Cash crisis threat to hospitals
PUBLISHED: 17:10 27 January 2010 | UPDATED: 10:30 12 August 2010
AN NHS spending freeze next year could see up to £20billion worth of cuts across the capital, according to a health expert. The British Medical Association (BMA) commissioned a report, London s NHS on the Brink, written by health policy expert Dr John
AN NHS spending freeze next year could see up to £20billion worth of cuts across the capital, according to a health expert.
The British Medical Association (BMA) commissioned a report, London's NHS on the Brink, written by health policy expert Dr John Lister, which predicts bed cuts and hospital closures.
This echoes what has already happened locally, where the A&E unit at Queen Mary's Hospital, Sidcup, (QMS) is due to shut permanently, with already busy hospitals in Farnborough, Woolwich and Dartford expected to pick up the slack.
The report reads: "The situation in outer south-east London is dominated by the plight of South London Healthcare Trust, the crisis-driven shotgun merger of three financially challenged trusts, Queen Elizabeth Hospital (QEH), Bromley Hospitals and QMS.
"The trust began life with almost £200million of historic debts, fueled in part by the costly PFI-funded QEH (£799m for a building costing £96m) and Princess Royal University Hospital (£788m for a hospital costing £118m), which have resulted in high and inflexible overheads, and inadequate bed numbers made further problematic at QEH by the financial problems forcing long-term ward closures.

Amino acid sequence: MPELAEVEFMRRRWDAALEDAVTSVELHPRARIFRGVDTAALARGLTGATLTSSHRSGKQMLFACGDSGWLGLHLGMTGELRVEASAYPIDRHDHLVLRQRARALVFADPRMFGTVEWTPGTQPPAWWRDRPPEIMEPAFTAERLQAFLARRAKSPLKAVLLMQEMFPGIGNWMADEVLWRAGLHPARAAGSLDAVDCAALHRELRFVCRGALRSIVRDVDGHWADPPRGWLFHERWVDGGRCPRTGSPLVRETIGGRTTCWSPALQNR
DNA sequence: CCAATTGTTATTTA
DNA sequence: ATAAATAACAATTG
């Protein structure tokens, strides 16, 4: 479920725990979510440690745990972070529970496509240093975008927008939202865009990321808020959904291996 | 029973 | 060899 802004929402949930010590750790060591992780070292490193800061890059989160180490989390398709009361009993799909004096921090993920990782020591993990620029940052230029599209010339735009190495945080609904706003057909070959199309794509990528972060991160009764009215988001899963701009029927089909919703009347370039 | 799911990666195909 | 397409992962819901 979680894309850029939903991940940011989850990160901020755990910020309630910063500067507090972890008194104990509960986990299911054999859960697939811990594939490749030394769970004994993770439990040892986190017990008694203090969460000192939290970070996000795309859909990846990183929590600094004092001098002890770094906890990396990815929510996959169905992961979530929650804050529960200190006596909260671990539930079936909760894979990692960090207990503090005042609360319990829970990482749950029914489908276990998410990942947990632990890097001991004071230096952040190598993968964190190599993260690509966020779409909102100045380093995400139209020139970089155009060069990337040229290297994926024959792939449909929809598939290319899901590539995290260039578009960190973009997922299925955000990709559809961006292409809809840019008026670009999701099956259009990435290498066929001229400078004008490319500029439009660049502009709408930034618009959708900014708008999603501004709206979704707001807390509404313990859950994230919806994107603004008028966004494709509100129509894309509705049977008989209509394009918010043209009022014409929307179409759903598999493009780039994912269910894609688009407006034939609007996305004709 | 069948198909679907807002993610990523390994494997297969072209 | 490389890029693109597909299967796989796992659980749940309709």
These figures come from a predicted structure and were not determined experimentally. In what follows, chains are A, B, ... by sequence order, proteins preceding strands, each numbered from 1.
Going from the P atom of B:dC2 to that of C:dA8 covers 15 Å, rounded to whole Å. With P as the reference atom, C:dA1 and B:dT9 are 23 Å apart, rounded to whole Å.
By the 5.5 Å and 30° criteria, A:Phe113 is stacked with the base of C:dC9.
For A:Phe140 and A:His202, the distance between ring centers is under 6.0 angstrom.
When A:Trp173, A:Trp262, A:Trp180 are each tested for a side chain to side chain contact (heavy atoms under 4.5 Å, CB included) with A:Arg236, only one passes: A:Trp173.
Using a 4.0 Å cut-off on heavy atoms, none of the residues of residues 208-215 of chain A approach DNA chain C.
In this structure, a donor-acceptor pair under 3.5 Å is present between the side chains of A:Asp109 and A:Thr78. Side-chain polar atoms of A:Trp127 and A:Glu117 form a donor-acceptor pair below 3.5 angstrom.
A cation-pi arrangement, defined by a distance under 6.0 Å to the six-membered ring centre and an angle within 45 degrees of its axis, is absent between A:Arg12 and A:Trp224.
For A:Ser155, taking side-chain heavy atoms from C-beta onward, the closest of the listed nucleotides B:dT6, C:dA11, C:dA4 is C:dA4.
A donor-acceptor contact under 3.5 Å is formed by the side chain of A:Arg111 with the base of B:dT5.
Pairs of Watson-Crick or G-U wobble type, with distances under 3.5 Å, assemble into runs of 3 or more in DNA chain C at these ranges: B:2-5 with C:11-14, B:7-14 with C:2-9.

"The financial crisis in these two trusts, and the high costs of terminating the PFI contracts, have meant that attention has turned to Queen Mary's as the easiest and cheapest source of substantial cuts in services and spending."
Dr Lister claims that hospitals across the capital have been reporting increases in A&E patients, with caseload expected to continue to rise. He states that 21 per cent of mental health beds have been lost throughout the capital, even though occupancy has been increasing to reach close to 100 per cent in some trusts.
The report states that NHS London proposes that by 2017 about 75 per cent of all visits to casualty and 50 per cent of all outpatient appointments, especially for long-term conditions such as diabetes, will be dealt with by a network of 100 polyclinics.
It reads: "Given the scale of this problem, which NHS London has estimated as more than £5billion real-terms cuts by 2017, PCTs and trusts are being pressed to begin cutbacks now rather than delay.
"In response to this, NHS London proposes a package of measures, including switching care to polyclinics and concentrating acute and trauma care at selected acute hospitals. Many existing hospitals would by implication be downgraded or closed."
A spokesman for NHS London was unavailable for comment as the Times went to press.